Cheers to new brews

City has microbreweries in mind for potential new zoning laws

PEG Beer Co. was able to get zoning permits in order to open a brewpub in April this year.

Winnipeg has recently opened its arms to new endeavours and is offering beer-lovers in the city more options on the brewpub front. The introduction of new brewpubs and microbreweries means people have more places and original microbrews to try, and the city is looking to eliminate barriers to where these places can be built.

“I love and believe in both craft beer and entrepreneurship,” Nicole Barry, founder and president of PEG Beer Co., says, “and I love Winnipeg and felt we deserved a brewpub.” 

The city conducted a review of the zoning bylaw that could change how land in commercial districts is used to accommodate wineries, microbreweries and body-modification parlours, bringing these businesses beyond their current perimeter of manufacturing zoning. The final public hearing and council approval will be held over the winter.

“We required a minor rezoning otherwise,” Barry says, addressing the potential zoning law shuffle. “But like any business, we completed due diligence to ensure we were opening within the city’s permit and zoning limits.”

PEG Beer Co. opened on 125 Pacific Ave. in April of this year and launched its first six in-house brews on Oct. 11. PEG Beer Co. is one of a small handful of new brewing companies in the city. Barry says there is a limit to how much she takes in from the macro-brewing world, emphasizing that craft breweries are where it’s at when it comes to new beer on the horizon. 

“Change is upon us, and it’s about time. Ten years has seen many changes and we will continue to catch up over the next few years,” she says.

Despite the current restrictions, Winnipeg has prevailed against all zoning odds and has begun offering unique in-house brews with the promise of more beer and brew spots to come. With this in mind, Jordan Janisse, hobbyist and home beer-brewer, says local brewing inspires him to concoct his own tasty batch.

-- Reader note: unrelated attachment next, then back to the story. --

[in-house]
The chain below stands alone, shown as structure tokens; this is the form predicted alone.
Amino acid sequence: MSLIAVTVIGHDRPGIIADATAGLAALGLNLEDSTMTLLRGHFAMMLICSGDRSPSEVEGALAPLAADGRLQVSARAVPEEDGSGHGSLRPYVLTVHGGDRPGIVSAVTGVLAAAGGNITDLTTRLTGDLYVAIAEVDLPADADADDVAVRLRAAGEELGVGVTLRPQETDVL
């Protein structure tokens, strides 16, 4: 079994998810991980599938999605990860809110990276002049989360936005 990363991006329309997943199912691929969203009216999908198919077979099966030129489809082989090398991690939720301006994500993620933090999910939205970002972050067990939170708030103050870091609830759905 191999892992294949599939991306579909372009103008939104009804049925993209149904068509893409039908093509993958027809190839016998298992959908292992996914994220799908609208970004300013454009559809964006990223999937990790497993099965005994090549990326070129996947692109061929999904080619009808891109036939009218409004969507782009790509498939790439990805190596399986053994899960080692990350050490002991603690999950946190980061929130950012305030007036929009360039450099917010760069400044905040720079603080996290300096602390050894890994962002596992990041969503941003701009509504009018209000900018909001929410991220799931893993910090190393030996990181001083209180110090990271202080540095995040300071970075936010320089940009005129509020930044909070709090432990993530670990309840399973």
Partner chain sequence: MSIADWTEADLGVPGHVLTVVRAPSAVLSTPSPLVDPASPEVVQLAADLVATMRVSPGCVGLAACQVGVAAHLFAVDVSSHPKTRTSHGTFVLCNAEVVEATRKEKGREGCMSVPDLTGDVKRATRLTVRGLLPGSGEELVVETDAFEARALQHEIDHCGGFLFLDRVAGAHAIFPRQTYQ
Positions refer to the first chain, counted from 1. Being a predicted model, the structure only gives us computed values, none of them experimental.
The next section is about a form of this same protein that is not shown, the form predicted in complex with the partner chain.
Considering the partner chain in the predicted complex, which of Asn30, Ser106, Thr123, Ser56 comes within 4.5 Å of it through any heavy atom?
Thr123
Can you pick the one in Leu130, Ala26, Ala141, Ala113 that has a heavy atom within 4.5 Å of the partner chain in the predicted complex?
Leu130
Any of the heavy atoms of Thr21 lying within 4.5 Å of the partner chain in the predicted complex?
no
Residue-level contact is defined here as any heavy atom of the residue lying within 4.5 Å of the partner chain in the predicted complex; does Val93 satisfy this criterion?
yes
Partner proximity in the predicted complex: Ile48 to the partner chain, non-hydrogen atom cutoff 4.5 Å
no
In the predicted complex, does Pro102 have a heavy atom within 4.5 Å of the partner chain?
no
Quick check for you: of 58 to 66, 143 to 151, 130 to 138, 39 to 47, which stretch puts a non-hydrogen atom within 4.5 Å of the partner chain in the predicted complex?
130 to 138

“I have been brewing for six years,” Janisse says. “When I was a little tyke, I used to hang out with my dad as he made wine in our basement, so having the equipment already and being a student, I decided to give it a go.”

Janisse says other than grain brewing, which is pricey to start, home brewing cuts costs and is exciting to experiment with. He says with time and practice, someone can make 20 litres of beer for $20.

“The benefits of brewing at home are many. It’s cheap, you can bottle in anything and flavour combinations are endless,” he says. “I made a honey habanero beer last fall, which was fun and tasty. Mead is a new passion of mine.”

New and coming-soon microbreweries you can check out also include Barn Hammer Brewing (595 Wall St.), Torque Brewing Co. (330-830 King Edward St.) and the soon-to-open One Great City Brewing Co. (1596 Ness Ave.).

For more details on the City of Winnipeg’s zoning by-laws review, check out their website

Published in Volume 71, Number 9 of The Uniter (November 3, 2016)

Related Reads